Directed By: Ariel Vromen
Starring: Michael Shannon, Chris Evans, Winona Ryder
Tag line: "Loving husband. Devoted father. Ruthless killer"
Trivia: While in prison, Richard Kuklinski claimed to be responsible along with four other men for the kidnap and murder of former Teamsters union boss Jimmy Hoffa on July 30 1975 in a restaurant parking lot in Detroit
In trying to describe 2012’s The Iceman, the story of real-life mob enforcer Richard Kuklinski, several adjectives leap to mind: “haunting” “harrowing” and “powerful”, just to name a few. Yet these words, no matter how appropriate, don’t convey the effect this film had on me. The Iceman is an excellent motion picture, a fascinating glimpse into the life of a psychopath who, despite allegedly killing over 100 people, was a model husband and father. But as good as the movie is, and as strongly as I recommend it, I can’t see myself revisiting it on a regular basis. The Iceman is tremendous, and it also disturbed me deeply.
When we first meet Richard “Richie” Kuklinski (Michael Shannon), its 1964, and he’s on his first date with Deborah (Winona Ryder), the woman he would eventually marry. During that date, he lies to her, telling Deborah he dubs Disney cartoons for a living, when in reality he pirates pornographic films for mobster Roy Demeo (Ray Liotta). When Demeo shuts down the porno operation, he offers Richie a different job, one that essentially requires him to kill whoever Demeo says needs killing. Before long, the money comes pouring in, and Richie once again lies to Deborah, telling her he’s making a fortune trading foreign currencies. After years of faithful service, Demeo decides he no longer needs Richie, and orders him to retire. Instead, Richie hooks up with fellow contract killer, Robert Pronge (Chris Evans), and goes back to “work”, doing what he does best. Of course, when Demeo finds out Richie disobeyed him, he’s none too happy, and even threatens to hurt Deborah and the couple’s two daughters, Anabel (McKaley Miller) and Betsy (Megan Sherrill). Having spent years hiding his “profession” to protect his family, Richie must now work to ensure that Deborah and the girls are safe. In the process, he makes a few mistakes.
Exploring the differences between the “two” Richard Kuklinski’s: the killer and the family man, is The Iceman’s most intriguing aspect. One moment, Richie is shooting someone and tossing their body into a freezer (he got his nickname “The Iceman” for his tendency to freeze the bodies of those he’s murdered to make it impossible to determine an exact time of death). The next, we join him in his bedroom as he’s making love to Deborah, only to be interrupted by Anabel and Betsy, who ask if they can sleep in their parents’ room. It’s one of several quaint domestic scenes scattered throughout The iceman, most of which are immediately followed by moments of horror and brutality.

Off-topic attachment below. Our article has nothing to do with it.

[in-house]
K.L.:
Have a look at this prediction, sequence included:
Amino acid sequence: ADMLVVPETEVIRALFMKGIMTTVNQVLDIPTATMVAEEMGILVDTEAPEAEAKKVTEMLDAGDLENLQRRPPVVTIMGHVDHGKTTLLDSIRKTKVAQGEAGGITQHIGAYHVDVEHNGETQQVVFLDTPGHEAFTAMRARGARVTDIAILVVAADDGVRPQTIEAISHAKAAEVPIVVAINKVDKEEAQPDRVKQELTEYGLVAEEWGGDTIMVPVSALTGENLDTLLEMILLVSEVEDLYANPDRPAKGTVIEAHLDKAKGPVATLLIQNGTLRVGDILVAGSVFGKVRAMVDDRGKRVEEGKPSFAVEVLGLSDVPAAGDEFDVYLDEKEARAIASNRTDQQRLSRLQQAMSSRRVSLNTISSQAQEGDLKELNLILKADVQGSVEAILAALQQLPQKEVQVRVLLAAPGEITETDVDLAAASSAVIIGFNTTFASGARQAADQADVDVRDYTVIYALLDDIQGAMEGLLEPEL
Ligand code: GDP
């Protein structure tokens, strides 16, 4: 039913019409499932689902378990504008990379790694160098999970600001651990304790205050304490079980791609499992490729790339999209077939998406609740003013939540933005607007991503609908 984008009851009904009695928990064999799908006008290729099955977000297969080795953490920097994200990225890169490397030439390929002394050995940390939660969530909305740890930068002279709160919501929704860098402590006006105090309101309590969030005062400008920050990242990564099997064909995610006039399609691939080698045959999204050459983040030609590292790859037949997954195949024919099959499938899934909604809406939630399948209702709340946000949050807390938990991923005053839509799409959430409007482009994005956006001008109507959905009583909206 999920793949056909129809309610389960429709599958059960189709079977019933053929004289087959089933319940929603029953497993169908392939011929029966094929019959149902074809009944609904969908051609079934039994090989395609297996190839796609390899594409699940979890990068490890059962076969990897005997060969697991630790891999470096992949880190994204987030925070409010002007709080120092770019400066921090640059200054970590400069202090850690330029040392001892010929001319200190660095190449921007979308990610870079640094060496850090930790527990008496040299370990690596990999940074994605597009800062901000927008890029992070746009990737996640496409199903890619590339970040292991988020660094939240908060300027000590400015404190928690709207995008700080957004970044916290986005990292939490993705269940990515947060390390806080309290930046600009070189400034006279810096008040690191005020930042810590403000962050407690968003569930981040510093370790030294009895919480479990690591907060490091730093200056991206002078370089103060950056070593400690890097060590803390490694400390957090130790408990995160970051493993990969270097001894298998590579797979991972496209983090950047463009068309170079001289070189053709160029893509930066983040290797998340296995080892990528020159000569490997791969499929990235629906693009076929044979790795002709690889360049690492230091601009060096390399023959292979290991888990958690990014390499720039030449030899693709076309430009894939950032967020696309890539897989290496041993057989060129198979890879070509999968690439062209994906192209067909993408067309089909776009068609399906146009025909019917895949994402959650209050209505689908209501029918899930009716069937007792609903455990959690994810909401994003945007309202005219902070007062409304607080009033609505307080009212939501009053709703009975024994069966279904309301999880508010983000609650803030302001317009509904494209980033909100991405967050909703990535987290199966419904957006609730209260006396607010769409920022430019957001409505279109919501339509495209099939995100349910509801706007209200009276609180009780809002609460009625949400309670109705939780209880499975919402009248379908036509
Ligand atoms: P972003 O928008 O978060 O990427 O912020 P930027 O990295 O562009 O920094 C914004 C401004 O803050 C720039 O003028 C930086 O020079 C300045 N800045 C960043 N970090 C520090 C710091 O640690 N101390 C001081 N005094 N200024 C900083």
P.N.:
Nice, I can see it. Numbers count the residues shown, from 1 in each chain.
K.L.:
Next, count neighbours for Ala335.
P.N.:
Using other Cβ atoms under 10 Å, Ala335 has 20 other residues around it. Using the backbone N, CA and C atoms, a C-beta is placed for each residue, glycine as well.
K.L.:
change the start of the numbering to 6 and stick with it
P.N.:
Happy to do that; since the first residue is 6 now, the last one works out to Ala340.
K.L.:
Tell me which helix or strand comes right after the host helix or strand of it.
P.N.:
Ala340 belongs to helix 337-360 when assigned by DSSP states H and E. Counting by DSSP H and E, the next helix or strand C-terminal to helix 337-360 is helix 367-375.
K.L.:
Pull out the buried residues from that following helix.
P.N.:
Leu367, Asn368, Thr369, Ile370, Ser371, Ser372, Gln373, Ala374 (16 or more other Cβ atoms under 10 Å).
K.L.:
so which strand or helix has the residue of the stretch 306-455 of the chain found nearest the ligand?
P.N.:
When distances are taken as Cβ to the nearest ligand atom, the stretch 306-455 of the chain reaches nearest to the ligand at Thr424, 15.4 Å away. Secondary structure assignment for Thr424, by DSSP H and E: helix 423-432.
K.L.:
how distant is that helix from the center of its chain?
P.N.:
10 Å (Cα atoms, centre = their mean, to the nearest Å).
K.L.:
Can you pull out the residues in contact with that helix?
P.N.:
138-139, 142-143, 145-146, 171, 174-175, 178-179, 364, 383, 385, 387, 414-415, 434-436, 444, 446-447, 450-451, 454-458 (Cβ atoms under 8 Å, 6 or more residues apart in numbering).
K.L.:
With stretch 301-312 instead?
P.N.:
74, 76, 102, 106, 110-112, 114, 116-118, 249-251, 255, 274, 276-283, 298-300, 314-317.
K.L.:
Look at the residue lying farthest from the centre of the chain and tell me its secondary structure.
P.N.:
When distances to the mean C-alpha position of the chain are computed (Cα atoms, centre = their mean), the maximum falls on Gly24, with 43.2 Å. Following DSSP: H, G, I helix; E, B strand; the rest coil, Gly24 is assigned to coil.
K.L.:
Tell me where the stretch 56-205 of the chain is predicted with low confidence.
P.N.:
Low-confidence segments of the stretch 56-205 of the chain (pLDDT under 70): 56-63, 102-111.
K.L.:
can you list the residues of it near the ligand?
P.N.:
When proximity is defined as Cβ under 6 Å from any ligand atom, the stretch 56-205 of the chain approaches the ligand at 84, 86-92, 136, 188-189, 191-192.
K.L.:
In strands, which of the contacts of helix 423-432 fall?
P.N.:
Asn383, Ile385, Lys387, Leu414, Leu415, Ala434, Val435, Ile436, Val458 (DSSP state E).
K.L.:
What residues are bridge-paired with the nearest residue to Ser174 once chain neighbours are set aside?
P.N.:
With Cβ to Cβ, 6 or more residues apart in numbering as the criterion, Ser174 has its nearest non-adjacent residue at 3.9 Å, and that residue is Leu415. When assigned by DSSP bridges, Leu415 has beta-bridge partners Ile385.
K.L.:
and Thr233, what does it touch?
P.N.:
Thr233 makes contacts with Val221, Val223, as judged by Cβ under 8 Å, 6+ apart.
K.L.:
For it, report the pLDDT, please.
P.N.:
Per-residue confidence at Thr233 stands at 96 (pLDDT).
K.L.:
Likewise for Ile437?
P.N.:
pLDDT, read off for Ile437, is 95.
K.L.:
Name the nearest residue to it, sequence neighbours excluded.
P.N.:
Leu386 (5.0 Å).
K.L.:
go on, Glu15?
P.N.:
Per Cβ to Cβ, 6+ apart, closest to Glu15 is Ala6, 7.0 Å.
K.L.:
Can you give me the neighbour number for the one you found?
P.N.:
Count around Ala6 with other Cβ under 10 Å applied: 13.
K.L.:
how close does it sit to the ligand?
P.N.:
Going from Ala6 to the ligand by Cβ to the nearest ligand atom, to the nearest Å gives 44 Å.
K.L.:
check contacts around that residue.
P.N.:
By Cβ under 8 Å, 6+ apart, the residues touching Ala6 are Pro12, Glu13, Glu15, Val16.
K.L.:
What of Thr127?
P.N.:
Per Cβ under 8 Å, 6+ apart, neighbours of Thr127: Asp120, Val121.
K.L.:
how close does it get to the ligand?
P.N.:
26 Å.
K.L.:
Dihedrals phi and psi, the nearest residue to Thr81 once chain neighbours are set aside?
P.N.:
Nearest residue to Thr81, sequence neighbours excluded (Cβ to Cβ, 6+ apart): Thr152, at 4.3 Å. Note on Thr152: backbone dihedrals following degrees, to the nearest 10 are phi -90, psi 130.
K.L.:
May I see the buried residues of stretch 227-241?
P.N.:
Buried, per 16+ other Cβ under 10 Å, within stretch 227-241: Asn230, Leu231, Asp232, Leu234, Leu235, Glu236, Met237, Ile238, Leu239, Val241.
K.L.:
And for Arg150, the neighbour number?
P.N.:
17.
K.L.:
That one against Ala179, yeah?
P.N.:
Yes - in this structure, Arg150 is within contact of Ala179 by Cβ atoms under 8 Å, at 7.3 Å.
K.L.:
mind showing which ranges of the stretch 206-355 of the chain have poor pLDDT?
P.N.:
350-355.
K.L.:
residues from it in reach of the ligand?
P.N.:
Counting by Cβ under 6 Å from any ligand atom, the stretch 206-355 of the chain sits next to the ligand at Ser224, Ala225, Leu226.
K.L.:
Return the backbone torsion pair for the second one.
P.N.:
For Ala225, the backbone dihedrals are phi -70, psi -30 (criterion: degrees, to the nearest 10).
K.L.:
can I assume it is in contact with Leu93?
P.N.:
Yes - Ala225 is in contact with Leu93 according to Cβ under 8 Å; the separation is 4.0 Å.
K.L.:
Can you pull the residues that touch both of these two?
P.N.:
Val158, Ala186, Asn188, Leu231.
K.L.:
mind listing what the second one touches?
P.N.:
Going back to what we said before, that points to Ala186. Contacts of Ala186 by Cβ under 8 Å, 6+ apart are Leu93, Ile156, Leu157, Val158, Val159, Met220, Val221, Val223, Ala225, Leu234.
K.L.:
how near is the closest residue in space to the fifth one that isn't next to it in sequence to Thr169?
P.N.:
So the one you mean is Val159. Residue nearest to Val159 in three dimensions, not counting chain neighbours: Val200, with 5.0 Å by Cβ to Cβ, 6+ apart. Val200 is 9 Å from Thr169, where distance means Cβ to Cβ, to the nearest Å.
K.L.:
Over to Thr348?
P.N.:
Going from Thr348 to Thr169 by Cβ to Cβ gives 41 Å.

Which brings me back to the effect The iceman had on me personally. It’s not that I haven’t seen movies of this sort before; in fact, I’ve seen plenty, both gang-related (Goodfellas, Donnie Brasco) and those featuring real-life serial killers (Zodiac, Monster). Yet what I couldn’t understand was why The iceman made me sympathize with a man I should have abhorred. Well after it ended, I found myself turning the film over and over in my mind; why did I care about this guy? Did Michael Shannon play the character sympathetically? To a degree, perhaps, but not overly so (Richie was, in almost every scene, the most frightening person in the room). Ultimately, it came down to his motivations: everything Richie Kuklinski did (according to the movie, anyway) stemmed from a deep love for his wife and children, and his wanting to give them the best life he possibly could. Does this justify murder? Hell no! But from the brief glimpses we’re given of Kuklinski’s past: his prison meeting with his brother, Joey (played by Stephen Dorff), who recounts violent incidents from Richie’s childhood, and an early scene, where Richie cuts the throat of a guy who insulted Deborah, it’s clear that, before he hooked up with the mob, Richard Kuklinski was already a cold-blooded killer. That he loved three people, and channeled his murderous tendencies into a career that provided for them, made him seem more “human”, something Richard Kuklinski himself might have never thought possible.
I know how naïve I sound, and that none of the above can excuse Kuklinski’s actions. Yet this was my honest reaction to the film, and in the end titles, when we learn what happened to the real Richard Kuklinski following his 1986 arrest, I couldn’t help but feel sorry for him.
Yes… I felt sorry for a monster.